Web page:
Orchestra in China accord

Stephen Bevis Arts Editor

The State’s flagship arts company has struck a landmark trade deal with China, thanks to the universal language of music.

Next year, the WA Symphony Orchestra will tour to China as part of a cultural exchange program with the Beijing-based China Philharmonic Orchestra announced in Perth last night.

The Chinese orchestra will visit Perth for a combined performance with the WASO within the next few years.

It was a partnership that shaped to be one of the most significant relationships any Western orchestra has had with China, WASO chairman Janet Holmes a Court said.

CPO president Li Nan said greater cultural understanding must grow in tandem with increased economic ties between the two countries.

Under the program involving the Australia China Business Council (WA), the two orchestras will swap musicians and expertise, perform in schools and hospitals and run classes at the
University of WA and the Beijing Conservatory of Music.

The community interaction would be one of the program’s most important elements, Mrs Holmes a Court said.

“This will touch many more lives than just those who attend the concerts in Beijing and Perth, and foster a greater understanding of each other’s culture, which will form the glue that binds our two economically dependent countries into the future,” she said.

“It is one way we can learn about other cultures. If we could have exchanges with Indonesia or similar type of a culture foreign to ours it would be a huge advantage.”

The orchestra last toured to China in 2006, when it visited five cities.

“The difference this time is that it is not a fly-in, fly-out situation,” Mrs Holmes a Court said. “It is fly-in, stay for a while, have our senior musicians linked to musicians from China, do master-classes, work together and perform together. It is a long-term association and that makes it much more interesting, much more important and we will learn a lot more.”

The WASO has accepted an invitation perform at the Beijing Music Festival in October 2016
The first notes of the accord were struck in December when three WASO musicians performed with the CPO in China.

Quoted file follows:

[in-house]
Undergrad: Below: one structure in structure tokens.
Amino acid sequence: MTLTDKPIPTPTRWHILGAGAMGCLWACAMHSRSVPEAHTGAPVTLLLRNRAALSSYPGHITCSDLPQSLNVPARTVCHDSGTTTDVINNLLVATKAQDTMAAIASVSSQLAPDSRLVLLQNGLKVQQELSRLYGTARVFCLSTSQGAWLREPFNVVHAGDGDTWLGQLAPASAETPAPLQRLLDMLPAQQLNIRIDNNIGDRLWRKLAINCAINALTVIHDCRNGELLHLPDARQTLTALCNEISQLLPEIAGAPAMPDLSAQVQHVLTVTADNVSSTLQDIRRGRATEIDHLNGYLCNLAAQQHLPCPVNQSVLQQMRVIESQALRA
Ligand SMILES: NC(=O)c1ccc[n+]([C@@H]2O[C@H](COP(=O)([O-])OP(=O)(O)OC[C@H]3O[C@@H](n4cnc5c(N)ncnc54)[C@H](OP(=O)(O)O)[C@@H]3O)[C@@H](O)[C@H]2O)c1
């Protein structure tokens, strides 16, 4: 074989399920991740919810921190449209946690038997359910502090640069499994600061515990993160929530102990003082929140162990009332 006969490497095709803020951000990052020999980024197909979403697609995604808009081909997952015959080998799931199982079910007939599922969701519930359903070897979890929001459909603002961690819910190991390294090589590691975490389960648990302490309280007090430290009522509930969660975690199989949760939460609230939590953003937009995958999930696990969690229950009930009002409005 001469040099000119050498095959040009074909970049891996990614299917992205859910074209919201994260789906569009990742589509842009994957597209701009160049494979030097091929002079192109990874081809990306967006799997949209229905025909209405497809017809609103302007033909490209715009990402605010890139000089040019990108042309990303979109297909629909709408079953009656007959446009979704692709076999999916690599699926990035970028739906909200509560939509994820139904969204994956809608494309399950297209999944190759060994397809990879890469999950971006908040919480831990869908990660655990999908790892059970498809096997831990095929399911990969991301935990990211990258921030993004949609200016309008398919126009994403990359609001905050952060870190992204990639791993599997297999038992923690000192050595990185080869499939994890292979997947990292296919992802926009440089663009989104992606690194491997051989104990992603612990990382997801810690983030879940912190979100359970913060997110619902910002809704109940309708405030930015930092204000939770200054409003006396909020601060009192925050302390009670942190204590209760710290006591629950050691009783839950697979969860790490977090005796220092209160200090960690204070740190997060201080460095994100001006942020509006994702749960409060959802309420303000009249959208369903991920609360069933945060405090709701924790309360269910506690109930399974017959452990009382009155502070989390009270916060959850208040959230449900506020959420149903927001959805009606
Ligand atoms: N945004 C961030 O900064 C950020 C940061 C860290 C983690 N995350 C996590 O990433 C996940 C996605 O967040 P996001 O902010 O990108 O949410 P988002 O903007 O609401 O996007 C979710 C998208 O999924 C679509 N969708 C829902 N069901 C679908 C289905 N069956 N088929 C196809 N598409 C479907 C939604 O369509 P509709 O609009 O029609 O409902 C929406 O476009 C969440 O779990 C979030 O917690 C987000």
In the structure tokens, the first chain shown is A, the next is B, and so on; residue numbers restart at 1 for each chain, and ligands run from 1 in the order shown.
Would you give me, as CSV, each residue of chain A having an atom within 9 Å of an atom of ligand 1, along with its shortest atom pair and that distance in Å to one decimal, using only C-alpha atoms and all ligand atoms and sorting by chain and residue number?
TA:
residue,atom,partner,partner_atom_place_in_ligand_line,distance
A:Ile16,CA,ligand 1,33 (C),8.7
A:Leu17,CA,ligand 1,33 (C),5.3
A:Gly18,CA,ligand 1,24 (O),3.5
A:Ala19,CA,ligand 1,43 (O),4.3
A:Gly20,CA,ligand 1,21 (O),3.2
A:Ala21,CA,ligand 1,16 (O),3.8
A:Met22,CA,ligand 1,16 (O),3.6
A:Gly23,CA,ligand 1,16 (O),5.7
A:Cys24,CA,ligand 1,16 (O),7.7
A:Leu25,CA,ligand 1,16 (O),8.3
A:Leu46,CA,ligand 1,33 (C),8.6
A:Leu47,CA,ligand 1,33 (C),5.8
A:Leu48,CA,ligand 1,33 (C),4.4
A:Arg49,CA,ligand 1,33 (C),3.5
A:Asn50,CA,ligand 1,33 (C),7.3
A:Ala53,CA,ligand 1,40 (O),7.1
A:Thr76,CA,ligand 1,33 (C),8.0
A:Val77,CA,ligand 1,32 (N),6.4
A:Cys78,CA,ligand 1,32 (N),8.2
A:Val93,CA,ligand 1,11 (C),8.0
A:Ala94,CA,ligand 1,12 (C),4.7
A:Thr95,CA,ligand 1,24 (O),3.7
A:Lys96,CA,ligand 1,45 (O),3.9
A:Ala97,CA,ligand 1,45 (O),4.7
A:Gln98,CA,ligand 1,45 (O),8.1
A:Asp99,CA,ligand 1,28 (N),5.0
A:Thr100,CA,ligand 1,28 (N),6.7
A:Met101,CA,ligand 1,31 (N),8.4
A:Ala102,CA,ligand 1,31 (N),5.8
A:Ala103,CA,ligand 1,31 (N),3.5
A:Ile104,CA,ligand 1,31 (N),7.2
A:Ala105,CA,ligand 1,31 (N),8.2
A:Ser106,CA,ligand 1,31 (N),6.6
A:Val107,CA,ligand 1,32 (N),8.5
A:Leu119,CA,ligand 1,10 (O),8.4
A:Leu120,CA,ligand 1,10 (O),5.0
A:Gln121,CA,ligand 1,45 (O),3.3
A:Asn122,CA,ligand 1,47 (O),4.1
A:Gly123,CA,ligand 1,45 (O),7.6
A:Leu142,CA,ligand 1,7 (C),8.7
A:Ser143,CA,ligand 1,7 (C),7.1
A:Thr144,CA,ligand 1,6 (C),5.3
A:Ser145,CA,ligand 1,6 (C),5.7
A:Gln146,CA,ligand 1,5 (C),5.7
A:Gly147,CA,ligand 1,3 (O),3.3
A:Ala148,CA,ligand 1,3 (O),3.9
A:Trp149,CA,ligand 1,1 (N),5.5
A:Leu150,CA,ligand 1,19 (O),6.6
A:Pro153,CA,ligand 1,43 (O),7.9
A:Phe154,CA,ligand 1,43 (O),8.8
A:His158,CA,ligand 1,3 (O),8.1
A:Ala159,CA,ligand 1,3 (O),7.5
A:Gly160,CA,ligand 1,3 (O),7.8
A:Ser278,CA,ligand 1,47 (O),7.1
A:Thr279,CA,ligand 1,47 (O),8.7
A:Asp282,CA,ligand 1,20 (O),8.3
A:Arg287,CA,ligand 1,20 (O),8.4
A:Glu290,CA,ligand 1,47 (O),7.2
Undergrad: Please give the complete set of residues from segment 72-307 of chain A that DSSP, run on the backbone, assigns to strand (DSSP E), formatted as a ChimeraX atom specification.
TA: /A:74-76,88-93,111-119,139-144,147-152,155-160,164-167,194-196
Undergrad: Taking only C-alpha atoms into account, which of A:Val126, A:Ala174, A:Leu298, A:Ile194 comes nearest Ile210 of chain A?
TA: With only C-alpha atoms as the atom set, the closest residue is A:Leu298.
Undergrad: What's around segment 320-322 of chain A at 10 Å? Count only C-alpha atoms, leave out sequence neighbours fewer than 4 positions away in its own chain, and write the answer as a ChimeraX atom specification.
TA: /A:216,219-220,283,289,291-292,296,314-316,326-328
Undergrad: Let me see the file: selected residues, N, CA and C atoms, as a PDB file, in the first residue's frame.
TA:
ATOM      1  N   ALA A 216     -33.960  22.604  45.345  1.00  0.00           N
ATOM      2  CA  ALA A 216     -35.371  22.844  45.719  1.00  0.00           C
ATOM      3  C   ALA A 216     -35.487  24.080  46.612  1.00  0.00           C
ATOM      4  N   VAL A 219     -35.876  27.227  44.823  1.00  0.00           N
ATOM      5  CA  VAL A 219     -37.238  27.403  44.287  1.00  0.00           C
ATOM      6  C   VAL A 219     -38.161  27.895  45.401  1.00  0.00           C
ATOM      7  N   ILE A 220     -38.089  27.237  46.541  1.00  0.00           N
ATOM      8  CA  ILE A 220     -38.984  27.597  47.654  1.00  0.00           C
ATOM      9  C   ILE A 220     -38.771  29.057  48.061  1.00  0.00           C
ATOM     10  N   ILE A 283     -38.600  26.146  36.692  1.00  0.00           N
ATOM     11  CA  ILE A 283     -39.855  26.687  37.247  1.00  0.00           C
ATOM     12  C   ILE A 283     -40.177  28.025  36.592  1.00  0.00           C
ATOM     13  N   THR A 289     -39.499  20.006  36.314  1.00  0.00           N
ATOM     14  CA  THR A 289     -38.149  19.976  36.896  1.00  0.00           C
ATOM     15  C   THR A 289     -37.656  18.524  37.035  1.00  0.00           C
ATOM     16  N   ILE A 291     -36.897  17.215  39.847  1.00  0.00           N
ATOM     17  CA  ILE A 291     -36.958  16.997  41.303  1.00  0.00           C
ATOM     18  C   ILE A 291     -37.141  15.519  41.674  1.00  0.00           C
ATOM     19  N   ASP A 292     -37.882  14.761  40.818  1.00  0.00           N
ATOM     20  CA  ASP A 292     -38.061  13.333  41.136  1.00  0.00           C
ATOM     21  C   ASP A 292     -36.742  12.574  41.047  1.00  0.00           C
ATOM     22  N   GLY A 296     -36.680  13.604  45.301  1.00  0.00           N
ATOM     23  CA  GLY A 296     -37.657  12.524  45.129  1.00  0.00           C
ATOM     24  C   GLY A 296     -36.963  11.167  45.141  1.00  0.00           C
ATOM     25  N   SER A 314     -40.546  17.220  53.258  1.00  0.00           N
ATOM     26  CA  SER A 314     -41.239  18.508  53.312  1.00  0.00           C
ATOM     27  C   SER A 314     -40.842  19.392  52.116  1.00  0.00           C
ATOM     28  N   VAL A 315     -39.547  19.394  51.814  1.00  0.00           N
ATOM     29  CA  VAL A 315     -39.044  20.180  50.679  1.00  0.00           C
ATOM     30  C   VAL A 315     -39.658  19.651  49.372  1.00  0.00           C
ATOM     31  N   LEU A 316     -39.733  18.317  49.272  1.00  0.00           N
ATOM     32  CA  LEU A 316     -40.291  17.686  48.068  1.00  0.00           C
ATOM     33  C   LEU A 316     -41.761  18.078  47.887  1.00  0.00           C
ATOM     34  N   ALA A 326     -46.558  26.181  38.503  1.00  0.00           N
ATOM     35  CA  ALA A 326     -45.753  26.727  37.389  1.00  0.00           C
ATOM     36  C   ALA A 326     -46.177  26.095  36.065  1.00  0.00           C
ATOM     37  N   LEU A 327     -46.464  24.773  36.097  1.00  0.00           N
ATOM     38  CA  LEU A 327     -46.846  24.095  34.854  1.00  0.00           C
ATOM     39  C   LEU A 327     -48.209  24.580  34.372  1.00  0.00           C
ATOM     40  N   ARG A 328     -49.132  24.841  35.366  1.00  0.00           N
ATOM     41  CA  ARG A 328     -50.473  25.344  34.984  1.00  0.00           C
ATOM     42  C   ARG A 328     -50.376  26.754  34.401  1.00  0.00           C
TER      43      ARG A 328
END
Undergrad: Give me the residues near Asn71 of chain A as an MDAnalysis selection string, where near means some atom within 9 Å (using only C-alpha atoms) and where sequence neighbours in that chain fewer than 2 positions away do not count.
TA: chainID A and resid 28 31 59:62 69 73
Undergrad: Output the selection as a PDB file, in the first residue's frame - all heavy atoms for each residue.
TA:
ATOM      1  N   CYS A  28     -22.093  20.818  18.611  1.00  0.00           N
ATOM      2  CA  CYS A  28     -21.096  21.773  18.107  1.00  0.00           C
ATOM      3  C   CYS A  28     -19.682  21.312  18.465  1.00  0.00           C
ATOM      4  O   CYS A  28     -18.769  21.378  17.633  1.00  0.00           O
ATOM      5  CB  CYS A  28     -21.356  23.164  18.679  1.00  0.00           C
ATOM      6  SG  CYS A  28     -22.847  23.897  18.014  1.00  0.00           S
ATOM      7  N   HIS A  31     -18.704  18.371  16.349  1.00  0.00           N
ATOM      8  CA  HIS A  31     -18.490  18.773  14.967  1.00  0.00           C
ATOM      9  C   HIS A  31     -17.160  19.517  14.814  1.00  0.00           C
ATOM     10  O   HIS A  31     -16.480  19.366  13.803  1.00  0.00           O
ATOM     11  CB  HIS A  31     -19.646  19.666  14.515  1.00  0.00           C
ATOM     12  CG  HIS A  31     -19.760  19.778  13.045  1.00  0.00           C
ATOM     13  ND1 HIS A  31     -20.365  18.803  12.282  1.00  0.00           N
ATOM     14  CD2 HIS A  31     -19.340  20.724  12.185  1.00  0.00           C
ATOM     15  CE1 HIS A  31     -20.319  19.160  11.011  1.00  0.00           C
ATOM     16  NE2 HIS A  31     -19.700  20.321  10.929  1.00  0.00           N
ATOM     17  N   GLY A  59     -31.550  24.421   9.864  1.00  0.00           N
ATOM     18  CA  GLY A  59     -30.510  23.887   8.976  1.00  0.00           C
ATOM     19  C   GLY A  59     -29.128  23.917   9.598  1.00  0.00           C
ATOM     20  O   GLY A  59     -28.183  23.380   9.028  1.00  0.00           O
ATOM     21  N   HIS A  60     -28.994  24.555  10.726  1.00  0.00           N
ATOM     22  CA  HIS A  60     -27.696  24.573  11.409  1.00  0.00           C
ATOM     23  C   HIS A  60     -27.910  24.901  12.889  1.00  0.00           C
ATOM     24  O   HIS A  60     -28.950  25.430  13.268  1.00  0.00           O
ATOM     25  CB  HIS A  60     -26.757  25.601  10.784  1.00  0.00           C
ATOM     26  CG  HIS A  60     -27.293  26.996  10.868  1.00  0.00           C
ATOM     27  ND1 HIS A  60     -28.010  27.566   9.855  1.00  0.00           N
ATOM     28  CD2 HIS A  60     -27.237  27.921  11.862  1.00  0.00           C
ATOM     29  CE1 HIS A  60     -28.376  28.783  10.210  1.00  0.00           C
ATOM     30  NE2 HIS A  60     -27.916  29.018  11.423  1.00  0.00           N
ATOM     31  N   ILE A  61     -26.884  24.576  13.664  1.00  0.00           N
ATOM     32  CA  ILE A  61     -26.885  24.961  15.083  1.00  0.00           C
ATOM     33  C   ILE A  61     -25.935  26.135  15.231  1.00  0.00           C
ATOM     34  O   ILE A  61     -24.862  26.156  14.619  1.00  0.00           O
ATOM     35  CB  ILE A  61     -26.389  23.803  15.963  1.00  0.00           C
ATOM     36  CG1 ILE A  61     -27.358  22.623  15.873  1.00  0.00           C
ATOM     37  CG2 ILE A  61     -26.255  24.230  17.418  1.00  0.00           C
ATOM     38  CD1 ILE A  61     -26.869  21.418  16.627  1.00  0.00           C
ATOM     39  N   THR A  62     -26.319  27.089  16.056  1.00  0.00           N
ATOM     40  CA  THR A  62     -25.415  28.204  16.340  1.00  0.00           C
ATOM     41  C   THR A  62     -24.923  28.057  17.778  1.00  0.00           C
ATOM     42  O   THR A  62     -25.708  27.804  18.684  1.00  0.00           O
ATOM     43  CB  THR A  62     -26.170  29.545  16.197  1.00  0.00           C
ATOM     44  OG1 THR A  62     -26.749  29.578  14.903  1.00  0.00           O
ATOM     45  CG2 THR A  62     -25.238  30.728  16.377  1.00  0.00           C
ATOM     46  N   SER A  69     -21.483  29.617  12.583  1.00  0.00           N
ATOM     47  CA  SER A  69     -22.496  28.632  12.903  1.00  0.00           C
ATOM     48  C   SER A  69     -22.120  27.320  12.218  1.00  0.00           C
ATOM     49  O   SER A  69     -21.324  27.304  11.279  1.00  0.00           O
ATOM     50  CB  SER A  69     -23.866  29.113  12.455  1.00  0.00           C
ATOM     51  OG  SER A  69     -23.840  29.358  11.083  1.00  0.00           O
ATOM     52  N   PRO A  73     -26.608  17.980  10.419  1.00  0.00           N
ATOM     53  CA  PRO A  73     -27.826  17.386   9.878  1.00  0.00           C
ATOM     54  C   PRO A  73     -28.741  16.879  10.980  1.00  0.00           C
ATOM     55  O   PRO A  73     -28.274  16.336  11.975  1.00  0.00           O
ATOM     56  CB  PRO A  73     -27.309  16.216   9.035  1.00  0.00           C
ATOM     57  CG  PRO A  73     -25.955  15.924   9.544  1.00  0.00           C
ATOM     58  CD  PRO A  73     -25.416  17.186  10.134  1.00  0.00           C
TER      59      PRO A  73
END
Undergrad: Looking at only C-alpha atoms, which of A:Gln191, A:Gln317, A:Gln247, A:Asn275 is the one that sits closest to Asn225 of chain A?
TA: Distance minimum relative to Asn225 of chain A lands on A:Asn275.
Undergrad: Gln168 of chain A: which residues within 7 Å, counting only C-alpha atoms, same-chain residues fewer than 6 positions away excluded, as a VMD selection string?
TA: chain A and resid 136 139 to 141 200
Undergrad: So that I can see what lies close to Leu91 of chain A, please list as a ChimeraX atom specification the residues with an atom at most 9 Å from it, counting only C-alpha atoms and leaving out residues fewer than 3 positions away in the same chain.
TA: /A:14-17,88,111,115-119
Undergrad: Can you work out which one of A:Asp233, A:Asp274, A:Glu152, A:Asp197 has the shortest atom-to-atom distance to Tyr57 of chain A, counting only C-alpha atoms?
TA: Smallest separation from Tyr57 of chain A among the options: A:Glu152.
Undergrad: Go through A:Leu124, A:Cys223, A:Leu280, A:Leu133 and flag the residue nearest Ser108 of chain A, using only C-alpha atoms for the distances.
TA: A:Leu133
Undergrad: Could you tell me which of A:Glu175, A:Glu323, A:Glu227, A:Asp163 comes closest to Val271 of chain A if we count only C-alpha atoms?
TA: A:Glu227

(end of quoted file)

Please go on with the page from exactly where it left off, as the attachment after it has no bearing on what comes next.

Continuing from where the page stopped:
“The result was universally acclaimed as a concert of the highest artistic standards,” Mr Li said. “We look forward to sending our musicians and management staff to Perth next month to continue our cultural voyage together,” he said.

“As the economic relationship between China and Australia, particularly Western Australia grows to ever greater levels it is most important that cultural understanding grows strongly as well.”

The project was launched at the Australia China Business Council (WA)’s Chinese New Year Dinner at Crown Perth.

Council president Adam Handley said the program took the level of engagement between China and Australia to a new level.

“Orchestras have come to China on many occasions,” Mr Handley said. “Many lament the lack of enduring relationships created during those visits.”

The Federal and State governments have each contributed $50,000 to the initial stages of the program through the Australia Council and the Department of Culture and the Arts.

Last month, visiting US expert Professor Cynthia Schneider said arts and creativity were under-exploited WA resources that could help boost trade, diplomacy and raise export horizons after the mining boom.

The “soft power” of cultural diplomacy, tours, artist exchanges and international collaborations could deepen trust and open doors for trade, Professor Schneider told a seminar of business, arts and government leaders.

The WASO partnership follows a deal between Black Swan State Theatre and the National Theatre of China to share artistic staff and collaborate on new productions, starting with Bertolt Brecht’s The Caucasian Chalk Circle next year.

Black Swan recently hosted a second visit to Perth by NTC artistic director Wang Xiaoying, who also is vice-chairman of the China Theatre Association.

“The important thing about our project, and I think it is the same at the WASO, is that it is a collaboration between the two companies and it is not just about touring the work over there,” Black Swan general manager Natalie Jenkins said.

“To work collaboratively, you need to build relationships first and that’s what we’ve been doing for the past 18 months,” Ms Jenkins said.

The Caucasian Chalk Circle – to coincide with the WA State theatre company’s 25th anniversary - was expected to be the first of several joint Black Swan-NTC productions, she said.

“We want to generate cross-cultural global collaborations to give our artists the opportunity to work with artists outside Australia. It is an enduring relationship that we are hoping for.”